Last week was a rollercoaster, for many of us, I’m sure. The bombings in Boston, where I grew up, were a scary and melancholy backdrop to a host of personal stresses: taxes, two last-minute freelance jobs, papers to grade, and our car starting to overheat on the Bay Bridge at midnight (not to mention the next day’s $500 repair). Needless to say, I just didn’t find the time or the energy to sit down and write.
And so it’s a little late that I address the recent Pulitzer Prize winners. The only one whose work I’m familiar with at all is poet Sharon Olds, who took away the poetry prize. I haven’t read fiction writer Adam Johnson or non-fiction writer Gilbert King, though both men’s books look really fascinating. (Is it just me–random question–or is a lot of the fiction that’s popular these days historical fiction?)
Anyway, Sharon Olds. Her work is what we poets call “confessional,” meaning no subject is off the table. Olds writes exuberantly about sex and her husband’s body and her children’s bodies and her own breasts and all kinds of other subjects many of us find taboo; she writes about her daughter losing her virginity and her abuse as a child and a miscarriage in the toilet. She can be, I think, for many people, a little cringe-worthy.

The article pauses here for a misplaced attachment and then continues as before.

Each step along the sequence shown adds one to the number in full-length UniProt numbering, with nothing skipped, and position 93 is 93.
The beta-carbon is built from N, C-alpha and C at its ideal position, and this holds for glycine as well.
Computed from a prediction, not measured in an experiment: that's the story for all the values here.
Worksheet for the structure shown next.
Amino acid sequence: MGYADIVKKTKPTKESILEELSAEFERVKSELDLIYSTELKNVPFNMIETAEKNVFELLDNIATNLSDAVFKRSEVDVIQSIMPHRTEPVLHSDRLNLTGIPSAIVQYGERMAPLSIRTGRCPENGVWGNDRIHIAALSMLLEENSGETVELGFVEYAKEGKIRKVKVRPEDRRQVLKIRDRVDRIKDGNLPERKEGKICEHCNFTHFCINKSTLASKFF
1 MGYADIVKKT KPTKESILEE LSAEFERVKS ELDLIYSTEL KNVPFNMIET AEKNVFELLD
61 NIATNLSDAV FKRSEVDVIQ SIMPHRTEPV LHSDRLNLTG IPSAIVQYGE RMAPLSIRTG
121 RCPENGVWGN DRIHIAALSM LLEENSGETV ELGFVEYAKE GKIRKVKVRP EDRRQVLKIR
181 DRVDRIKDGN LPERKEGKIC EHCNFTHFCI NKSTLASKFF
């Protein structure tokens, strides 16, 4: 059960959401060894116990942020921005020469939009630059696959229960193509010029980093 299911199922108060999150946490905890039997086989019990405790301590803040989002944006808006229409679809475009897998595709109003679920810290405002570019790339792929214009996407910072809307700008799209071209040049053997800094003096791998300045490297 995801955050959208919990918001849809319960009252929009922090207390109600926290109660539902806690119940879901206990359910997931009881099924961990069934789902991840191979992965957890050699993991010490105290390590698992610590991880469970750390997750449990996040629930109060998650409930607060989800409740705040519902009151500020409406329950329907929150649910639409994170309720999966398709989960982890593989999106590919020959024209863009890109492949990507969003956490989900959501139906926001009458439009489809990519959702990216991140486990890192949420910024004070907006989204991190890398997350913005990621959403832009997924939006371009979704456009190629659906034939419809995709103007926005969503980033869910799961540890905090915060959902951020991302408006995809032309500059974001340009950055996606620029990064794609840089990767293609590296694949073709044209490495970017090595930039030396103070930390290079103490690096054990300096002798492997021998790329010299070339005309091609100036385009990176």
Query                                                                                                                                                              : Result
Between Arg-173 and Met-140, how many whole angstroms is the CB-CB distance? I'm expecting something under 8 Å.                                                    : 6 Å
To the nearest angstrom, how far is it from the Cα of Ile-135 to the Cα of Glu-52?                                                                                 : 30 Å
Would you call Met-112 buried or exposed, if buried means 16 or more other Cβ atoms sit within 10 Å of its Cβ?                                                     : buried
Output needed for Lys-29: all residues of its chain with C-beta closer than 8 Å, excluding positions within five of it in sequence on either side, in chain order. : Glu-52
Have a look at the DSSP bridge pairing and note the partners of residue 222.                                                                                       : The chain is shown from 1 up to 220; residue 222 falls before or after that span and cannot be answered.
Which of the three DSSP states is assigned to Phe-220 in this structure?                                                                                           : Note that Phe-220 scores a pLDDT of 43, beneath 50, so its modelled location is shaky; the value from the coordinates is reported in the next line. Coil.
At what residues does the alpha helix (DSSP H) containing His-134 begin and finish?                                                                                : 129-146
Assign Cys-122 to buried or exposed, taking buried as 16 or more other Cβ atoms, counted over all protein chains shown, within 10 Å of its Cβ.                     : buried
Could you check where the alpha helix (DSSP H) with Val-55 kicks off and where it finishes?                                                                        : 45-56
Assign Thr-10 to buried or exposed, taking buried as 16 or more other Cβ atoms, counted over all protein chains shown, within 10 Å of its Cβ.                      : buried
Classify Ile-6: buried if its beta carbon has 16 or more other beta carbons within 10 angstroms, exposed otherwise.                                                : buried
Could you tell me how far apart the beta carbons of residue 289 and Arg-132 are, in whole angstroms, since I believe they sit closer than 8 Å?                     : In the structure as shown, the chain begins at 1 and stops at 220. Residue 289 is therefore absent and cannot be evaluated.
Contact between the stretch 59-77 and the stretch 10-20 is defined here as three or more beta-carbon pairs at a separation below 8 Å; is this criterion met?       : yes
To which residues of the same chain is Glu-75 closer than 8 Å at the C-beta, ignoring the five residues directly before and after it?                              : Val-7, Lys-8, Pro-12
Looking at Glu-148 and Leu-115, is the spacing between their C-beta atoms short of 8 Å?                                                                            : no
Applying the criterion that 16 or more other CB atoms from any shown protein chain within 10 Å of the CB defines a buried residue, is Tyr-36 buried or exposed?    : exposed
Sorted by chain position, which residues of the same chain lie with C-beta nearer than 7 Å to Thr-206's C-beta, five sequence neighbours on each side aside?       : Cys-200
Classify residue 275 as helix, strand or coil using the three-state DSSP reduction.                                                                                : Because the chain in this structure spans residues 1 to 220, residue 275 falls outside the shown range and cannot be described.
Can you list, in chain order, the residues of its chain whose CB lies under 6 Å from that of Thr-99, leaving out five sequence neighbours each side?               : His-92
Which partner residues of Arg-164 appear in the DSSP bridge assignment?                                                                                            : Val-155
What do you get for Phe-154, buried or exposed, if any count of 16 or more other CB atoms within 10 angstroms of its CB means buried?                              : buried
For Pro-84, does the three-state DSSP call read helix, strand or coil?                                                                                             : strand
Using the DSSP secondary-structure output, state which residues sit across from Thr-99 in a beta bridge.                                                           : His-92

But she’s an incredibly accomplished poet (after all, she just won the Pulitzer), prolific and unflinching. I don’t yet have her prize winner, Stag’s Leap, but on my shelf, conveniently, sits her 1983 book The Dead and the Living. Here is a beautiful poem from that collection called “Grandmother Love Poem.” Just in time for the last week of National Poetry Month.
Grandmother Love Poem
Late in her life, when we fell in love,
I’d take her out from the nursing home
for a chaser and two bourbons. She’d crack
a joke sharp as a tin lid
hot from the teeth of the can-opener,
and cackle her crack-corn laugh. Next to her
wit, she prided herself on her hair,
snowy and abundant. She would lift it up
at the nape of the neck, there in the bar,
and under the white, under the salt-and-
pepper, she’d show me her true color,
the color it was when she was a bride:
like her sex in the smoky light she would show me
the pure black.
© Sharon Olds